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Factors Predicting and Reducing Mortality in Patients with Invasive Staphylococcus aureus Disease in a Developing Country
Emma K. Nickerson, Vanaporn Wuthiekanun, Gumphol Wongsuvan, Direk Limmathurosakul, Pramot Srisamang, Weera Mahavanakul, Janjira Thaipadungpanit, Krupal R. Shah, Arkhom Arayawichanont, Premjit Amornchai, Aunchalee Thanwisai, Nicholas P. Day, Sharon J. Peacock
PLOS ONE , 2009, DOI: 10.1371/journal.pone.0006512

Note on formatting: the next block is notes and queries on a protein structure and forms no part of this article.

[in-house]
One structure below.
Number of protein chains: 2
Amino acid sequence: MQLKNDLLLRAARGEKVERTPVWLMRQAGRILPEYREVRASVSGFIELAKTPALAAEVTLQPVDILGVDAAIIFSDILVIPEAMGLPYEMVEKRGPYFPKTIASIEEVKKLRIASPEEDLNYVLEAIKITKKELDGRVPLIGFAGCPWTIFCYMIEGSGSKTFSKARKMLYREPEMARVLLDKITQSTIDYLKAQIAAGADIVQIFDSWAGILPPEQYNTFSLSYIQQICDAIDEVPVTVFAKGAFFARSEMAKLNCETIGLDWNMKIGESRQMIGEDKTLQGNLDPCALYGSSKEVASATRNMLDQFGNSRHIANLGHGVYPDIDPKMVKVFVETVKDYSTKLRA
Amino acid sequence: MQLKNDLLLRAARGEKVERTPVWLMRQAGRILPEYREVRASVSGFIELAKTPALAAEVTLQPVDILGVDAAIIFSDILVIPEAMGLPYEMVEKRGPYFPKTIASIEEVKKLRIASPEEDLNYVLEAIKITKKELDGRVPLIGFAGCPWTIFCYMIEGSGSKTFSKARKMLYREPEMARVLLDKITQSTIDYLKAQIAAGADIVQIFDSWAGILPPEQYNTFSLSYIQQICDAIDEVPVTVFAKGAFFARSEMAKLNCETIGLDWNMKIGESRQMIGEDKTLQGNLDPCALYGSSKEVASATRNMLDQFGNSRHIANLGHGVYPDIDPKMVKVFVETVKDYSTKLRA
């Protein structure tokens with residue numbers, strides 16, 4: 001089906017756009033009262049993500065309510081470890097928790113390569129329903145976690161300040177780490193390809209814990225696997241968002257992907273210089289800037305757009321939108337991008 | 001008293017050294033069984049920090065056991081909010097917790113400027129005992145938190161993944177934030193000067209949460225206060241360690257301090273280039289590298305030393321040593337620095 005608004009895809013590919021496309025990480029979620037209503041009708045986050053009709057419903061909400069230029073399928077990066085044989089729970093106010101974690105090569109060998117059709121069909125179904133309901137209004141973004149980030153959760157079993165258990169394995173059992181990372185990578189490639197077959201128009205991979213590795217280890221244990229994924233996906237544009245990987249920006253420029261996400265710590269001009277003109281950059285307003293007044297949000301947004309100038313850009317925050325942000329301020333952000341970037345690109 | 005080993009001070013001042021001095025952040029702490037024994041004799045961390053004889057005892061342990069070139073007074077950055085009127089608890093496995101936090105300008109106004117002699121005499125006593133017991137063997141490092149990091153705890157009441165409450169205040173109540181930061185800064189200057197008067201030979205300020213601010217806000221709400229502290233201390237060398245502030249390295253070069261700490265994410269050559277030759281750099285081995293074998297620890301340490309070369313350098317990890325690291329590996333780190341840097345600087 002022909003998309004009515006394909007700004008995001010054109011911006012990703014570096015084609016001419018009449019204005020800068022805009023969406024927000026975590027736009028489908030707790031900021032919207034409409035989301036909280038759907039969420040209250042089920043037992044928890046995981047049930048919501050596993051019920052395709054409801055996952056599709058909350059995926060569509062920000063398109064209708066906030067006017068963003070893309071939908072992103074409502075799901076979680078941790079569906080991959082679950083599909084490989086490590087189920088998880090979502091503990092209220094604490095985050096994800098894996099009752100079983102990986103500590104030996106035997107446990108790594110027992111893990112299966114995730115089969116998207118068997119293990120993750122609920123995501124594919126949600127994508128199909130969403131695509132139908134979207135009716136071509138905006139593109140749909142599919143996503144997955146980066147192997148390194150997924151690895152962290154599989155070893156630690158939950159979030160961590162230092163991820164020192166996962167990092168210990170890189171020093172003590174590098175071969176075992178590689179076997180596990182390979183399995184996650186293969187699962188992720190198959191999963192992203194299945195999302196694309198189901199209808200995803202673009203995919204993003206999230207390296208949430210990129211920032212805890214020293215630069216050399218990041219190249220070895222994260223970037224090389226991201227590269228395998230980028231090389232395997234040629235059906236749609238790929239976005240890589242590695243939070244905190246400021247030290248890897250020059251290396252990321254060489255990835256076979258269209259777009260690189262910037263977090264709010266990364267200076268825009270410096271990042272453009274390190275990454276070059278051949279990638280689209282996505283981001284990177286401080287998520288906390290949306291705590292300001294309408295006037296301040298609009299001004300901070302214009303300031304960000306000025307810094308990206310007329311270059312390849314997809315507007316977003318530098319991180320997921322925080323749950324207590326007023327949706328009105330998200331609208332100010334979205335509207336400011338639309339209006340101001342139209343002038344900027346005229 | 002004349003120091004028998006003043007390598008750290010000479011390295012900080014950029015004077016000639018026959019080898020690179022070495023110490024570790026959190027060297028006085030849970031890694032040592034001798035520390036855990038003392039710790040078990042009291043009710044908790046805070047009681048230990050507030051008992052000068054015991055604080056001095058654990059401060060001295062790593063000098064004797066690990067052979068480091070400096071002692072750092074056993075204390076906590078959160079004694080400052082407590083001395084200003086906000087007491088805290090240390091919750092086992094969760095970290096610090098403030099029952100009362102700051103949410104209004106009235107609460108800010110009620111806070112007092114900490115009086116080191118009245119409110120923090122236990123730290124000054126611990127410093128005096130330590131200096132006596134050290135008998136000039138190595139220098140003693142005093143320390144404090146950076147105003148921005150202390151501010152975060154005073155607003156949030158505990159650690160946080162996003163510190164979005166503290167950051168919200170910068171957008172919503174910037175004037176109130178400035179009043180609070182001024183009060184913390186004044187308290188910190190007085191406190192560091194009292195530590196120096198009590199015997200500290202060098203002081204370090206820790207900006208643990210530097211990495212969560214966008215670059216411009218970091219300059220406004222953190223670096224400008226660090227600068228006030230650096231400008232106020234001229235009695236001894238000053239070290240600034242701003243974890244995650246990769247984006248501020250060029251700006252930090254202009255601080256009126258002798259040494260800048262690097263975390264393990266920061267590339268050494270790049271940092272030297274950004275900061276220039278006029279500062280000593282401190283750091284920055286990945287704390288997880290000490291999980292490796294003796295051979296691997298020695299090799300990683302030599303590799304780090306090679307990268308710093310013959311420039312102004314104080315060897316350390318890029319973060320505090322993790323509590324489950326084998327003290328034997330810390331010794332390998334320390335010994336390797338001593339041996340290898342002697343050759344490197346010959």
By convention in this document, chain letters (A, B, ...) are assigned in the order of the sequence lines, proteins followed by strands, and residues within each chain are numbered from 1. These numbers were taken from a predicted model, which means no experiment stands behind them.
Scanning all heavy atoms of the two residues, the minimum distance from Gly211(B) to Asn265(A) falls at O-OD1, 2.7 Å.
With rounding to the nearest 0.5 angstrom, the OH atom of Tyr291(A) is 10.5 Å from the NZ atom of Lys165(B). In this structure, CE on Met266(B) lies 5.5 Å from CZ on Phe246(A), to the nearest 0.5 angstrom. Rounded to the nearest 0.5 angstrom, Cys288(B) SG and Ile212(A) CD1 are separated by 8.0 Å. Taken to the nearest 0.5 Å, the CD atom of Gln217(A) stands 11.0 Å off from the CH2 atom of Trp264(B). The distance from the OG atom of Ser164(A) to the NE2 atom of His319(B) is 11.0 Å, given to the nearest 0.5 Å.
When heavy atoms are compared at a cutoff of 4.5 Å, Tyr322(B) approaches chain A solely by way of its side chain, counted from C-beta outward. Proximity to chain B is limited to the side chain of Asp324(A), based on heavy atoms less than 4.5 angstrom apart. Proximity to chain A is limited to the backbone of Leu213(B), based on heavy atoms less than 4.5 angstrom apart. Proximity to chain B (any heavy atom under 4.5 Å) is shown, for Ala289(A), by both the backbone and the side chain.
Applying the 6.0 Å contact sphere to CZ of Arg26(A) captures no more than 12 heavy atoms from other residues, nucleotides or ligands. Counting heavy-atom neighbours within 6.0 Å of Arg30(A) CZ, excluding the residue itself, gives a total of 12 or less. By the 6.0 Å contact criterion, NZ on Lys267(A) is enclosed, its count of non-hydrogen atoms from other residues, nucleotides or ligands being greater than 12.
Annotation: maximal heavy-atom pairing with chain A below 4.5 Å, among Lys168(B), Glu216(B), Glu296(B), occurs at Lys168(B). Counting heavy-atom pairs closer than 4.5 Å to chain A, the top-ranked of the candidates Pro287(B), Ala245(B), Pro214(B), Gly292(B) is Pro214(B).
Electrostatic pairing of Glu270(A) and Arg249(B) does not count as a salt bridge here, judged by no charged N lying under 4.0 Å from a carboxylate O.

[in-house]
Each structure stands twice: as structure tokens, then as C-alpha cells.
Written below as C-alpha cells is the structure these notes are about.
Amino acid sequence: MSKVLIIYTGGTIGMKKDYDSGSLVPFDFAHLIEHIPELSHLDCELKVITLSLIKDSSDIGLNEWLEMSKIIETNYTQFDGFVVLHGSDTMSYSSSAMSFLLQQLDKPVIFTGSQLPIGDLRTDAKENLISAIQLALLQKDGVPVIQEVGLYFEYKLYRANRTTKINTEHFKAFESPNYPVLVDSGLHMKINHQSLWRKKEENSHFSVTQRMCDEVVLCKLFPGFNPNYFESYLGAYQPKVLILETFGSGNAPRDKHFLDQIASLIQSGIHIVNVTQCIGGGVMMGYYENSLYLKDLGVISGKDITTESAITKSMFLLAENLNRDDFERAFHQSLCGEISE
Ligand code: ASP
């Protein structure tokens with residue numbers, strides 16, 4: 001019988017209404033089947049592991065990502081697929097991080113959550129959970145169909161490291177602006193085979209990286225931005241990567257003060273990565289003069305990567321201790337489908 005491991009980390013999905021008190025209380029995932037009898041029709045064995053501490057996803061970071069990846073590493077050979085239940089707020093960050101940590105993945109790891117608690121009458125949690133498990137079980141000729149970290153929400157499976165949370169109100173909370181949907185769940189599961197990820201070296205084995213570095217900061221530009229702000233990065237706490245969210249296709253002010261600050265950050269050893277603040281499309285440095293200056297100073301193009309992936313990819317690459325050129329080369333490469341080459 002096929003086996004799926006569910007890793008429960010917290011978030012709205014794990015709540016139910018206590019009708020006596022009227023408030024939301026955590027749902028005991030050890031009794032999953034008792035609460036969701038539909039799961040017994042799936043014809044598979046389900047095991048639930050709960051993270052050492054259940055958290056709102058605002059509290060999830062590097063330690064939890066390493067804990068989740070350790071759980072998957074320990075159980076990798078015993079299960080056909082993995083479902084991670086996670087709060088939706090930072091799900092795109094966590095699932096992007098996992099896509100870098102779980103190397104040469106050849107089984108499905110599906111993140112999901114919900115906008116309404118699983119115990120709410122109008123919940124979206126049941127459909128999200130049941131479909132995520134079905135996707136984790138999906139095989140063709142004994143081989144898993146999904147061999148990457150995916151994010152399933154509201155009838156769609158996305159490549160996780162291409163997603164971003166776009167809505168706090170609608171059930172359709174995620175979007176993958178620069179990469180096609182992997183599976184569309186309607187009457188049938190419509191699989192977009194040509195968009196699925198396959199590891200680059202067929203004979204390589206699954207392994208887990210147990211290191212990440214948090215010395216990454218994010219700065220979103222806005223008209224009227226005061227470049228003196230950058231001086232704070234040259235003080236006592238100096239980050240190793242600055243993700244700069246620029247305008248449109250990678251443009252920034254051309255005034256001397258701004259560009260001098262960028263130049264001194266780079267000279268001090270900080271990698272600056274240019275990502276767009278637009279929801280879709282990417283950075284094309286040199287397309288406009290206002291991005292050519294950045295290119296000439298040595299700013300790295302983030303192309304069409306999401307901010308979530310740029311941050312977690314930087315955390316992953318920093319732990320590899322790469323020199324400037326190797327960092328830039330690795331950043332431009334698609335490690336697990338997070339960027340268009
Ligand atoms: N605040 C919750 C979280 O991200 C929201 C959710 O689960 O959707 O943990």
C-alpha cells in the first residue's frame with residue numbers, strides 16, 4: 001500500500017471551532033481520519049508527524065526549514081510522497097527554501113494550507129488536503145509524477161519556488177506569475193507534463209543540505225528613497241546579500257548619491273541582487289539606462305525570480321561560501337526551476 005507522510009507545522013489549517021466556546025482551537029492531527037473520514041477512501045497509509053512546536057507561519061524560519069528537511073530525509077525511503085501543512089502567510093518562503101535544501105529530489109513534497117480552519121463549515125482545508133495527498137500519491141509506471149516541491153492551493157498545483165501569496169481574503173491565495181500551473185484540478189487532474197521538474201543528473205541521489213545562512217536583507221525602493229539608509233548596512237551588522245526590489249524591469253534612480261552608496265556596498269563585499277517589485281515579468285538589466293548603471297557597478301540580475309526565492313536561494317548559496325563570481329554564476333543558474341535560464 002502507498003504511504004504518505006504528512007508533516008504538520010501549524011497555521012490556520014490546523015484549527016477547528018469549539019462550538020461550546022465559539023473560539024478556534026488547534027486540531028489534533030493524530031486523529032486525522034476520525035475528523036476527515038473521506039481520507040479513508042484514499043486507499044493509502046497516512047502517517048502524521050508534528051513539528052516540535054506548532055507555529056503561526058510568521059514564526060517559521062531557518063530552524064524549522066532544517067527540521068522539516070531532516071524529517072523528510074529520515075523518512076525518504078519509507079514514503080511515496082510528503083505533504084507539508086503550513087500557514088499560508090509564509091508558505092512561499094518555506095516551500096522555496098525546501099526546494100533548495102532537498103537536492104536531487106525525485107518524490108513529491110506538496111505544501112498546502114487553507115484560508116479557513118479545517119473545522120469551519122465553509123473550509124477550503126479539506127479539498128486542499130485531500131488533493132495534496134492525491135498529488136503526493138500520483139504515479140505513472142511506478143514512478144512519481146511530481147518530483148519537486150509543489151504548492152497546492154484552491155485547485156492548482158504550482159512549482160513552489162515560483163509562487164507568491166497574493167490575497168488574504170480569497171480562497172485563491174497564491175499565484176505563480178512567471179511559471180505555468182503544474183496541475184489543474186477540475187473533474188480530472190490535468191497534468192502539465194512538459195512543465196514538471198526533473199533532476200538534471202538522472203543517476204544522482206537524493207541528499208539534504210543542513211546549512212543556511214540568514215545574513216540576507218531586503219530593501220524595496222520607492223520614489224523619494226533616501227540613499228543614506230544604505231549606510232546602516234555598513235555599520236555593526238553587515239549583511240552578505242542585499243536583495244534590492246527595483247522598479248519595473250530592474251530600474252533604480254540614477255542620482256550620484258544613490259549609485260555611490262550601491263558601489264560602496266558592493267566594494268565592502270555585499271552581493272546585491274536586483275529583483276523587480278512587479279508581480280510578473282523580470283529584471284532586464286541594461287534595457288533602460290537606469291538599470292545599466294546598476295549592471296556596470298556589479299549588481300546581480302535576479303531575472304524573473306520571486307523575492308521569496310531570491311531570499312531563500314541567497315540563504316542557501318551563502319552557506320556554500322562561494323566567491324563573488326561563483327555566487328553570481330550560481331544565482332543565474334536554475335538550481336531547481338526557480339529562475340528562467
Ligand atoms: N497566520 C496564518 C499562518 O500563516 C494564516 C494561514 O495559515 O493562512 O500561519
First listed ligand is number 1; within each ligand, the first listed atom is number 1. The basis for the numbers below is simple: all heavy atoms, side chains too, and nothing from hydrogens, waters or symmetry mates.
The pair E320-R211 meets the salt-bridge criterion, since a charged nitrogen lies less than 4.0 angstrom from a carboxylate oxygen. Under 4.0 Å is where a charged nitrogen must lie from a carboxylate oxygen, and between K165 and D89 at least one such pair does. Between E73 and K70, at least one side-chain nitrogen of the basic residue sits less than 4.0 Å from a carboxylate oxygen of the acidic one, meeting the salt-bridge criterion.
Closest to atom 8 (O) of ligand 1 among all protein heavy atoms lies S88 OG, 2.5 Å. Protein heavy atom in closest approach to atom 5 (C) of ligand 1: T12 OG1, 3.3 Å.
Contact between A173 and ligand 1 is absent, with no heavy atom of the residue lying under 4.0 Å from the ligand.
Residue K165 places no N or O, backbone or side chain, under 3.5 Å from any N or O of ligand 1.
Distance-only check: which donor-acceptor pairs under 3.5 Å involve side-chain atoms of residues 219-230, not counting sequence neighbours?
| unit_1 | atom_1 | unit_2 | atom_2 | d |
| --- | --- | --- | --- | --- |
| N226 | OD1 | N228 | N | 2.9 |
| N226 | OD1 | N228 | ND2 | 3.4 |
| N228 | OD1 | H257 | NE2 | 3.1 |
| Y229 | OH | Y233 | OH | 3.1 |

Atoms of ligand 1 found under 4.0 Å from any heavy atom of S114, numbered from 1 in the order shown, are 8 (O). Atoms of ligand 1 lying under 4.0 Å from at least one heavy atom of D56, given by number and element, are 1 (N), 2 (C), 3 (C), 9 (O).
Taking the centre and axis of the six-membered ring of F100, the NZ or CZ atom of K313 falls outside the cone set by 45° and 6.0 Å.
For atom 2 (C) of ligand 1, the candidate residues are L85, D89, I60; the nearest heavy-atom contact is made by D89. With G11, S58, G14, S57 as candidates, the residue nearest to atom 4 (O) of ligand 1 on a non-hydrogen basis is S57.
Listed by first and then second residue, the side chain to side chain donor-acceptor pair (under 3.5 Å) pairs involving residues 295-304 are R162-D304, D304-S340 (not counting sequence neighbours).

Abstract: Background Invasive Staphylococcus aureus infection is increasingly recognised as an important cause of serious sepsis across the developing world, with mortality rates higher than those in the developed world. The factors determining mortality in developing countries have not been identified. Methods A prospective, observational study of invasive S. aureus disease was conducted at a provincial hospital in northeast Thailand over a 1-year period. All-cause and S. aureus-attributable mortality rates were determined, and the relationship was assessed between death and patient characteristics, clinical presentations, antibiotic therapy and resistance, drainage of pus and carriage of genes encoding Panton-Valentine Leukocidin (PVL). Principal Findings A total of 270 patients with invasive S. aureus infection were recruited. The range of clinical manifestations was broad and comparable to that described in developed countries. All-cause and S. aureus-attributable mortality rates were 26% and 20%, respectively. Early antibiotic therapy and drainage of pus were associated with a survival advantage (both p<0.001) on univariate analysis. Patients infected by a PVL gene-positive isolate (122/248 tested, 49%) had a strong survival advantage compared with patients infected by a PVL gene-negative isolate (all-cause mortality 11% versus 39% respectively, p<0.001). Multiple logistic regression analysis using all variables significant on univariate analysis revealed that age, underlying cardiac disease and respiratory infection were risk factors for all-cause and S. aureus-attributable mortality, while one or more abscesses as the presenting clinical feature and procedures for infectious source control were associated with survival. Conclusions Drainage of pus and timely antibiotic therapy are key to the successful management of S. aureus infection in the developing world. Defining the presence of genes encoding PVL provides no practical bedside information and draws attention away from identifying verified clinical risk factors and those interventions that save lives.